The movie is a coming-of-age drama about a boy growing up in Astoria, N.Y., during the 1980s. As his friends end up dead, on drugs or in prison, he comes to believe he has been saved from their fate by various so-called saints.
Robert Downey Jr.,
Jerry and Rachel are two strangers thrown together by a mysterious phone call from a woman they have never met. Threatening their lives and family, she pushes Jerry and Rachel into a series of increasingly dangerous situations, using the technology of everyday life to track and control their every move.
A stranger approaches an aged tattoo artist with a special artistic and mystical request - He wants to know if the tattoo artist can copy an image he has onto his skin. The old man is ... See full summary »
Near the turn of the twentieth century, young Harry Vardon becomes a champion golfer but learns that his amazing skill is no match for the class boundaries that exclude him from "gentlemanly" English society. A dozen years later, a young American, Francis Ouimet, fights against the same prejudice, as well as his own father's disdain, for a chance to participate in the U.S. Open against his idol -- Harry Vardon. The struggles of both men for acceptance provides the background for an amazing contest of skills. Written by
Jim Beaver <email@example.com>
Filmed at the Kanawaki Golf Club outside Montreal, Quebec, producers had the club house painted yellow for the film from its original white. Members so liked the change that they kept the color following filming. See more »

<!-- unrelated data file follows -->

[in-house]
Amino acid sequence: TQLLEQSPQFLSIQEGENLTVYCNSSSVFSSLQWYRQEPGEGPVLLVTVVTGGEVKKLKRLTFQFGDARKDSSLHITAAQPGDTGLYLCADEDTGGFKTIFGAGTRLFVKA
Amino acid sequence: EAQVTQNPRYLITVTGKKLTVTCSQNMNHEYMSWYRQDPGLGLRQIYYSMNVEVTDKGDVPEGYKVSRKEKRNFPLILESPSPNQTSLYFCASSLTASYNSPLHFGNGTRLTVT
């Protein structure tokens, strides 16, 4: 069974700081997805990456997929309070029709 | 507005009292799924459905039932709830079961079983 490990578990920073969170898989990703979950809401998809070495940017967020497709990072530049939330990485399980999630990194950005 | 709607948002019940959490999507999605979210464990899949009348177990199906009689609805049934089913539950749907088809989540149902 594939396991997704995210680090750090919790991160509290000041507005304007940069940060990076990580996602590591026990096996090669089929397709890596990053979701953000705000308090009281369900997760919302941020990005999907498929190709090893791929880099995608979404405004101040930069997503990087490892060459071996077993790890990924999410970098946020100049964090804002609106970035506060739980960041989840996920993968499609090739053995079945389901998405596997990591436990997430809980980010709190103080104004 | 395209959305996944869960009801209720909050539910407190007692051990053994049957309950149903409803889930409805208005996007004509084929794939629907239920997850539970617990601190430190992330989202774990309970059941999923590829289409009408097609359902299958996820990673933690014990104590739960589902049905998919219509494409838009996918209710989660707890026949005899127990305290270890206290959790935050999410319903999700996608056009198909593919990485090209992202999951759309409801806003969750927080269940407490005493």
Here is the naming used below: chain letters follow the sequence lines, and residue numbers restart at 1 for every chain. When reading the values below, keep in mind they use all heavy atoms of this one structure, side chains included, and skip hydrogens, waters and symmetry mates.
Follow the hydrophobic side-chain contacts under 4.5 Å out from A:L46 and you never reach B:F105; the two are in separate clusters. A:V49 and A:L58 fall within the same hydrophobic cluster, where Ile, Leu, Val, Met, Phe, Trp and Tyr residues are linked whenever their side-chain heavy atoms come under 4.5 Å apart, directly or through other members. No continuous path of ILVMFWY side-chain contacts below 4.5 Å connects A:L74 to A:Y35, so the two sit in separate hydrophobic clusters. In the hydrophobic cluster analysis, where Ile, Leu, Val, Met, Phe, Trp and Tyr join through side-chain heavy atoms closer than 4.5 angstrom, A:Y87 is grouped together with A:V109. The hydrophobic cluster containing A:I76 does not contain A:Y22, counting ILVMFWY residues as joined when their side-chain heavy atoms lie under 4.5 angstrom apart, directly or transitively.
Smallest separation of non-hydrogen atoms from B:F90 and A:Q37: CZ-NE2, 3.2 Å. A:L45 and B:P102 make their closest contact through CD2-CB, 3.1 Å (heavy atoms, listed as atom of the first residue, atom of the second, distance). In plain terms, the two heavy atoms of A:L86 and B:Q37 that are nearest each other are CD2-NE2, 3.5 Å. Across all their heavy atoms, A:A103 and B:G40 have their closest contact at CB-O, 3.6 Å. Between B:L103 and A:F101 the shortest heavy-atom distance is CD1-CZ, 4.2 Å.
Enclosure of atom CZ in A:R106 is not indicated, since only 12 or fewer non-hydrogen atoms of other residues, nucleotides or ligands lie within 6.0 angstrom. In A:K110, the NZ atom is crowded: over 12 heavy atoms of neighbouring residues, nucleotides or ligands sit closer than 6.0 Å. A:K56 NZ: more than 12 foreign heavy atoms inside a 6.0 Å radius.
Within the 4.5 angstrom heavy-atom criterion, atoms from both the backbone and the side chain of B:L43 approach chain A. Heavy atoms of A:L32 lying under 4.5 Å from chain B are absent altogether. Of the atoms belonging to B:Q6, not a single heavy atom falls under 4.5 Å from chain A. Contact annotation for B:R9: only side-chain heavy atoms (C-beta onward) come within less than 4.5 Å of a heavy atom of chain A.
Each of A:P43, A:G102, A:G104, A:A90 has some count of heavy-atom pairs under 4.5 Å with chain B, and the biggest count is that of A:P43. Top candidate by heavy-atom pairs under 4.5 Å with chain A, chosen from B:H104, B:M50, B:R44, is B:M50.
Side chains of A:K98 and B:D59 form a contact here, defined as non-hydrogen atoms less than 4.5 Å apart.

The opening shot of the movie begins with a scene set in Jersey overlaid with the caption "Isle of Jersey, England". The island of Jersey is one of the Channel Islands and is the main island of the Bailiwick of Jersey. It is closer to France than to England and is neither geographically nor administratively part of England or even the United Kingdom, but a British Crown Dependency with its own administration and the British Queen as the head of state in her capacity as the Duke of Normandy. See more »
Although I'm not a golf fan, I attended a sneak preview of this movie and absolutely loved it. The historical settings, the blatant class distinctions, and seeing the good and the bad on both sides of the dividing line held my attention throughout. The actors and their characterizations were all mesmerizing. And I was on the edge of my seat during the golf segments, which were not only dramatic and exciting but easy to follow. Toward the end of this movie, "Seabiscuit" came strongly to mind, although "The Greatest Game Ever Played" is far less complex a story than that film. In both cases, the fact that the events really happened deepened my interest.
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